Grand Prix World Champions doesn't even attempt to model the dozens of settings that affect the performance of a Formula One car - you can set the wings and brake ratios, choose tire types and fuel load, and tinker with the gear ratios. Some hard-core fans will be disappointed that they don't have more control over car setup, but for casual or intermediate fans, it simply means there's not nearly as much "setup anxiety" as you'll find in a game like IndyCar Racing II or Grand Prix II. Thoughtfully, default setups have been included for each track, but as with any sim, you shouldn't expect to turn in top times without making a few adjustments.

For gamers with force-feedback devices, Grand Prix World Champions is a special delight. It goes without saying that you'll feel the wheel or stick shake and shudder whenever you hit a rumble strip or spin out in the grass, but even on straightaways the tension of force feedback helps create the illusion that you're trying to keep a powerful beast under control. When I first tried the Microsoft Force Feedback Wheel with Grand Prix World Champions, my times weren't nearly as good as when I used my trusty Sidewinder 3D Pro and CH pedals - but with a little practice I found myself shaving up to a second or more off my previous lap times. Whatever game device you decide to use, though, keep in mind that you should opt for some type of analog input for brakes; a digital joystick button just won't kick the brakes in as quickly as you need.

Championship mode is obviously meant to be this sim's biggest challenge, but unfortunately it's also where you'll find a near-idiotic design implementation: There's absolutely no way to get out of championship mode once you begin qualifying for the first race on the tour. That's right - even if you exit the game and load it again, you must either continue with the championship precisely where you left off or abandon it altogether. True, you get to practice as much as you like on each track, but what if you feel like playing just for fun on a different track after you've begun a championship? This is beyond annoying - it's simply inexplicable.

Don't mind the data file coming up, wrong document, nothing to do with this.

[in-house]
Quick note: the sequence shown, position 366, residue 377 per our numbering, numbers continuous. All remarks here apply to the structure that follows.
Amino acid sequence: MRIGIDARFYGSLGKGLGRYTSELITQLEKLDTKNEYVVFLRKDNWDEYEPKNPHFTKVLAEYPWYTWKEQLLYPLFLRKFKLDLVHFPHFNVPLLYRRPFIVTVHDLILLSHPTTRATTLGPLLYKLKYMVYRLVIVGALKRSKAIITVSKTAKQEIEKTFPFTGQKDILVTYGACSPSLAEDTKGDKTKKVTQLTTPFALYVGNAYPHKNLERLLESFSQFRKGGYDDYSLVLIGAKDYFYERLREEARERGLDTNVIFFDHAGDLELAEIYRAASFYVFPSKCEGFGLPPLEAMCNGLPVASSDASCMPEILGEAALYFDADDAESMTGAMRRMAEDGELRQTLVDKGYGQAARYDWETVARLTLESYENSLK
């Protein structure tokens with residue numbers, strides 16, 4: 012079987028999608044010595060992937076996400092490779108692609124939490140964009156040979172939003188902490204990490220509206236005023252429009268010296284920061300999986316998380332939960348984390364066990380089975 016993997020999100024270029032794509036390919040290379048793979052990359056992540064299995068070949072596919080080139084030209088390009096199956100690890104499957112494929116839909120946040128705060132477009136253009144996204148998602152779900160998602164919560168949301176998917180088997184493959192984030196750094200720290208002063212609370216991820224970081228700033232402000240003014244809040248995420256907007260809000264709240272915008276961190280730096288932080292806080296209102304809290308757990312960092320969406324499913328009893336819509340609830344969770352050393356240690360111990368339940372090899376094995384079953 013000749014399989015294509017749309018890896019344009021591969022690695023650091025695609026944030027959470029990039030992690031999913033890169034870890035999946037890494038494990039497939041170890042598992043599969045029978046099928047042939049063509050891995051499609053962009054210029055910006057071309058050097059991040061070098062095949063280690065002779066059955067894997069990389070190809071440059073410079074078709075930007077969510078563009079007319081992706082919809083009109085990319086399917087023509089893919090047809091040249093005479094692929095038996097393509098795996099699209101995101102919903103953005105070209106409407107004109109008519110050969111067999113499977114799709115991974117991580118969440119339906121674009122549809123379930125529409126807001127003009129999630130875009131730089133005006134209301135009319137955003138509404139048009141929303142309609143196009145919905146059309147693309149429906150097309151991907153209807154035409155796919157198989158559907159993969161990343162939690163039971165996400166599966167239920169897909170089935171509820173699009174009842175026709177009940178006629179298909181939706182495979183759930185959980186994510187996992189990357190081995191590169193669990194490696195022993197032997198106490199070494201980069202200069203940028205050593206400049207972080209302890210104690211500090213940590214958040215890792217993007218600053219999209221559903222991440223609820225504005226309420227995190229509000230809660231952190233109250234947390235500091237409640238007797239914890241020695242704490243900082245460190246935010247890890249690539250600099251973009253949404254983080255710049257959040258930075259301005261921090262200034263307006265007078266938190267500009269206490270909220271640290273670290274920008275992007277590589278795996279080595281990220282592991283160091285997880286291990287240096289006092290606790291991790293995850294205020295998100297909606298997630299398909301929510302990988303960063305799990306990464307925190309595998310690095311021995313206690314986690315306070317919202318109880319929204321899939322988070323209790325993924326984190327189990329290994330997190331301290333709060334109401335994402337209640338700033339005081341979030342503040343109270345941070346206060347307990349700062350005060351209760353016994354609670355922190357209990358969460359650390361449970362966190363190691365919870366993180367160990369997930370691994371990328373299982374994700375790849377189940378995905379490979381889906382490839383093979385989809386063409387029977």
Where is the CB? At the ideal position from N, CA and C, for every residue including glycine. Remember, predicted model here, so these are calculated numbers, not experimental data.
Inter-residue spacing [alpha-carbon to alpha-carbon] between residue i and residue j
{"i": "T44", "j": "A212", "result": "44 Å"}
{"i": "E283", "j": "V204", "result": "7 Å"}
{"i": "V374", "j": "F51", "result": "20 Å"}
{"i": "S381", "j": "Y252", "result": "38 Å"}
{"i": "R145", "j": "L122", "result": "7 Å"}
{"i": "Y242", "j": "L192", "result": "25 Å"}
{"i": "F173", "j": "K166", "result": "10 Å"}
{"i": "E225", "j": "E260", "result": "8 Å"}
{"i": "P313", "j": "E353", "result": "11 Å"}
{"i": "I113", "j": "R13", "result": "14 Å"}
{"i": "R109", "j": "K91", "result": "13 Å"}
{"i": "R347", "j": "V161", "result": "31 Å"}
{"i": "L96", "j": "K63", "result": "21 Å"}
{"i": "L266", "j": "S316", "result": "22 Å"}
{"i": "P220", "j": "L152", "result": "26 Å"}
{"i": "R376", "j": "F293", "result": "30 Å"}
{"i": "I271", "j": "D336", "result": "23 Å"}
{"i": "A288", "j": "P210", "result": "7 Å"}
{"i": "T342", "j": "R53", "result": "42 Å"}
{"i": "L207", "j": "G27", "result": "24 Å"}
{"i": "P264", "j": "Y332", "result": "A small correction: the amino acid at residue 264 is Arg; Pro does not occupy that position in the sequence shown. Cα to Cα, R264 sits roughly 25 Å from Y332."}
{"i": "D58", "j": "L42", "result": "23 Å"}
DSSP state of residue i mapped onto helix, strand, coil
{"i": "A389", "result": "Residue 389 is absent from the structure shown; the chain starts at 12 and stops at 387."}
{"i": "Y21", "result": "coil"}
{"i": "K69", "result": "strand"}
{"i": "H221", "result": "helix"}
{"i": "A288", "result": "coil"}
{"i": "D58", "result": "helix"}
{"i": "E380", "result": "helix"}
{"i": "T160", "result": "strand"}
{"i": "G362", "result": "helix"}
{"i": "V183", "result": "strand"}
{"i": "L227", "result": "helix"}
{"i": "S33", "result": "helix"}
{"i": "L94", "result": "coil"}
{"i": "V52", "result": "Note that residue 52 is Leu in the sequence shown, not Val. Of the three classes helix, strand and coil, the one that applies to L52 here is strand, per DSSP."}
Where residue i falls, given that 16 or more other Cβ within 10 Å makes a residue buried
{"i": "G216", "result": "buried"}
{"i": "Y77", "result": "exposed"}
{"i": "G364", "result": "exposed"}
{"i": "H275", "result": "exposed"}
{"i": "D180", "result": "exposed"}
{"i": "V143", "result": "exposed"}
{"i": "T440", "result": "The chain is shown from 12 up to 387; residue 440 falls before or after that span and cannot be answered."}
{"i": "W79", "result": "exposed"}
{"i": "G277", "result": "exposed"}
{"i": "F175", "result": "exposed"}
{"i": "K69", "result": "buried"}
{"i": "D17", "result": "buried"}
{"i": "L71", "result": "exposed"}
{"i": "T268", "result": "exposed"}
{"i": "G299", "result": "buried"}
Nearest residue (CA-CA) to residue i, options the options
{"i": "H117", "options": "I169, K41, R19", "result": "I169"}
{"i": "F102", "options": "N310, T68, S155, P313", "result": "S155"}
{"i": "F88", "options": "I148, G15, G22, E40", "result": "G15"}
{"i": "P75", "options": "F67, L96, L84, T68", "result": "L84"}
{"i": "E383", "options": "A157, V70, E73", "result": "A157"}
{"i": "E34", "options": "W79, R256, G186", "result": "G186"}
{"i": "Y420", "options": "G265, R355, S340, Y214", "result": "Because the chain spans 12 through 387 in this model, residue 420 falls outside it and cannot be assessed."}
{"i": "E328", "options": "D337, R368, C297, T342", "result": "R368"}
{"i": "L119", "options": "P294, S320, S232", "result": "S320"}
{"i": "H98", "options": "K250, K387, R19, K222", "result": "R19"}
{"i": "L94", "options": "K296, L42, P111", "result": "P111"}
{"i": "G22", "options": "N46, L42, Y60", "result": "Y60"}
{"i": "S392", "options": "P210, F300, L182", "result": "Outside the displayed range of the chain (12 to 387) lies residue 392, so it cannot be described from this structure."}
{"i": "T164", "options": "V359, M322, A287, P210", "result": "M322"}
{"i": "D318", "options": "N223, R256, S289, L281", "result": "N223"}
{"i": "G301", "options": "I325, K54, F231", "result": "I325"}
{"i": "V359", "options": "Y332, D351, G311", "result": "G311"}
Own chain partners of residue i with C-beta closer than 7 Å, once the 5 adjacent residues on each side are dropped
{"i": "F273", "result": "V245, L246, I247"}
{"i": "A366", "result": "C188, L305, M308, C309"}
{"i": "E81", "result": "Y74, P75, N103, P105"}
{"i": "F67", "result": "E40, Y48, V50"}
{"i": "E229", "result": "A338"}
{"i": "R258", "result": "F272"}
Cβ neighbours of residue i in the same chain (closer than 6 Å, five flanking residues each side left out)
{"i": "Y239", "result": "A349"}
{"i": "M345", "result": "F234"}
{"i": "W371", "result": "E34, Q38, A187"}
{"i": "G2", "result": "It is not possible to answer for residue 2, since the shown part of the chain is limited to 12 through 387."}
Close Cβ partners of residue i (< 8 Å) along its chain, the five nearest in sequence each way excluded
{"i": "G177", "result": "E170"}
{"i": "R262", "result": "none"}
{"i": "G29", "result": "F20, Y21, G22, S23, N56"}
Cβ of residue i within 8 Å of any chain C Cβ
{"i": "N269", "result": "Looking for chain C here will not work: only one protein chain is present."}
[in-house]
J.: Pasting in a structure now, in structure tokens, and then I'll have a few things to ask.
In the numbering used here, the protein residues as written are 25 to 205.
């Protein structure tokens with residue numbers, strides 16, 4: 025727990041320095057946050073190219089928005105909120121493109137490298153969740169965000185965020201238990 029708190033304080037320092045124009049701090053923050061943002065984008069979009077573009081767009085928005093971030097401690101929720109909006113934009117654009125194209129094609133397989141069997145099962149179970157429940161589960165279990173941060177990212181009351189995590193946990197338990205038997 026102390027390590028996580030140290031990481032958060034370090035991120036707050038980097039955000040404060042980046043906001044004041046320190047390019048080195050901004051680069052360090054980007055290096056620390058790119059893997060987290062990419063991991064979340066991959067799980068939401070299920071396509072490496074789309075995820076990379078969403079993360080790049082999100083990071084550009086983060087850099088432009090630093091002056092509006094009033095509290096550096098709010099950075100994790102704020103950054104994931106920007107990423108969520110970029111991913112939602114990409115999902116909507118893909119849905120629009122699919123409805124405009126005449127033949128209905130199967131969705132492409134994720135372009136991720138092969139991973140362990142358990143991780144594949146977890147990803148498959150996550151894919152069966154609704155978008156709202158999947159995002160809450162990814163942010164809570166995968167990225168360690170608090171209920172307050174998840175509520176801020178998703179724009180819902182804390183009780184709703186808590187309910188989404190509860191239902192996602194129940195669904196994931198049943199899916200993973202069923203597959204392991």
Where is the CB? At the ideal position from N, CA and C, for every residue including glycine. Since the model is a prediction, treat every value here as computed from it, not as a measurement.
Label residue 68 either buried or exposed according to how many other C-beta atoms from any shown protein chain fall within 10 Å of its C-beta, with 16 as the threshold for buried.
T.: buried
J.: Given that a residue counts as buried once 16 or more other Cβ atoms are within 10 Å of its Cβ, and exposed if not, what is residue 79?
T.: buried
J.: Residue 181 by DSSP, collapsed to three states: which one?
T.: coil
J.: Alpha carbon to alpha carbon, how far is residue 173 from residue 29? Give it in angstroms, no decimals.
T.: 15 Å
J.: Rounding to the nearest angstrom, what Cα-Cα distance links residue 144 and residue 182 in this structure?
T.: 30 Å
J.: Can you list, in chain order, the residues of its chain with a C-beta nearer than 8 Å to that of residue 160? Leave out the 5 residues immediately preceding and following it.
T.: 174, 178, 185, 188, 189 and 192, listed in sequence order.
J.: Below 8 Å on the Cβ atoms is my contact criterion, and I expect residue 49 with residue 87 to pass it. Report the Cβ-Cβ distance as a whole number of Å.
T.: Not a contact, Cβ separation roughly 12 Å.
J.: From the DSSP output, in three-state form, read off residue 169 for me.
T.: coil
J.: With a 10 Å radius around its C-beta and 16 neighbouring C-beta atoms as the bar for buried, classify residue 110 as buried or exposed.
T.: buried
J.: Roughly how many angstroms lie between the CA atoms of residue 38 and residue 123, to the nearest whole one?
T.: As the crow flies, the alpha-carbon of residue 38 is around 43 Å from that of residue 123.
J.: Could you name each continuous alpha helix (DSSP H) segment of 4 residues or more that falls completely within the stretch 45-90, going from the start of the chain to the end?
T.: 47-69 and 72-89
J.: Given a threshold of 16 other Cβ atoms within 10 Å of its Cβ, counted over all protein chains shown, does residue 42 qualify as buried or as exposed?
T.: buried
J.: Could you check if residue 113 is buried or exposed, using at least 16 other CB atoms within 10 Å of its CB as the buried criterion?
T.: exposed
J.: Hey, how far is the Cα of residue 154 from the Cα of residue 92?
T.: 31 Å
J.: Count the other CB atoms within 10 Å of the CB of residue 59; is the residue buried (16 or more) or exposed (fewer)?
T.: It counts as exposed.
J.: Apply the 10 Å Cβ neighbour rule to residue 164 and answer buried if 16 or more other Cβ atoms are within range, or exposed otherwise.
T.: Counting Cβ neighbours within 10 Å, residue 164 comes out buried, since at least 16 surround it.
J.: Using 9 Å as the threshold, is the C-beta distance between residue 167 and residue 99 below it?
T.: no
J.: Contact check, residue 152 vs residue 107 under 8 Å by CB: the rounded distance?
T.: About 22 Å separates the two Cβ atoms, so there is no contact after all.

Aside from that flaw and the aforementioned limited car-setup options, about the only knock I have against Grand Prix World Champions is the instant replay feature. Don't get me wrong: It looks almost like a TV broadcast, and you can access all the viewing perspectives for any car in the race. But the only way to manipulate the replay footage is by switching views or pausing it, and without an option to fast-forward, you have to watch from the beginning until you reach the incredible moment you wanted to see - and the absence of a rewind means you have to go through this every time. Hey, I appreciate the inclusion of replay - Test Drive Off-Road 2 doesn't even have it - but without fast-forward and rewind (not to mention the ability to save a clip), it's not nearly as useful as it could be.

Johnny Herbert Grand Prix World Champions might lack some of the features and realism options found in higher-priced Grand Prix sims, but it makes up for those shortcomings by delivering pulse-pounding excitement and top-notch graphics at a price that anyone can appreciate, especially during the holiday season. It's nice to know that small game publishers can still compete quite admirably with the big boys.

The Good

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The Bad

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Johnny Herbert's Grand Prix World Champions

First Released Sep 30, 1998
  • PC

It makes up for its shortcomings by delivering pulse-pounding excitement and top-notch graphics at a price that anyone can appreciate


Average Rating

10 Rating(s)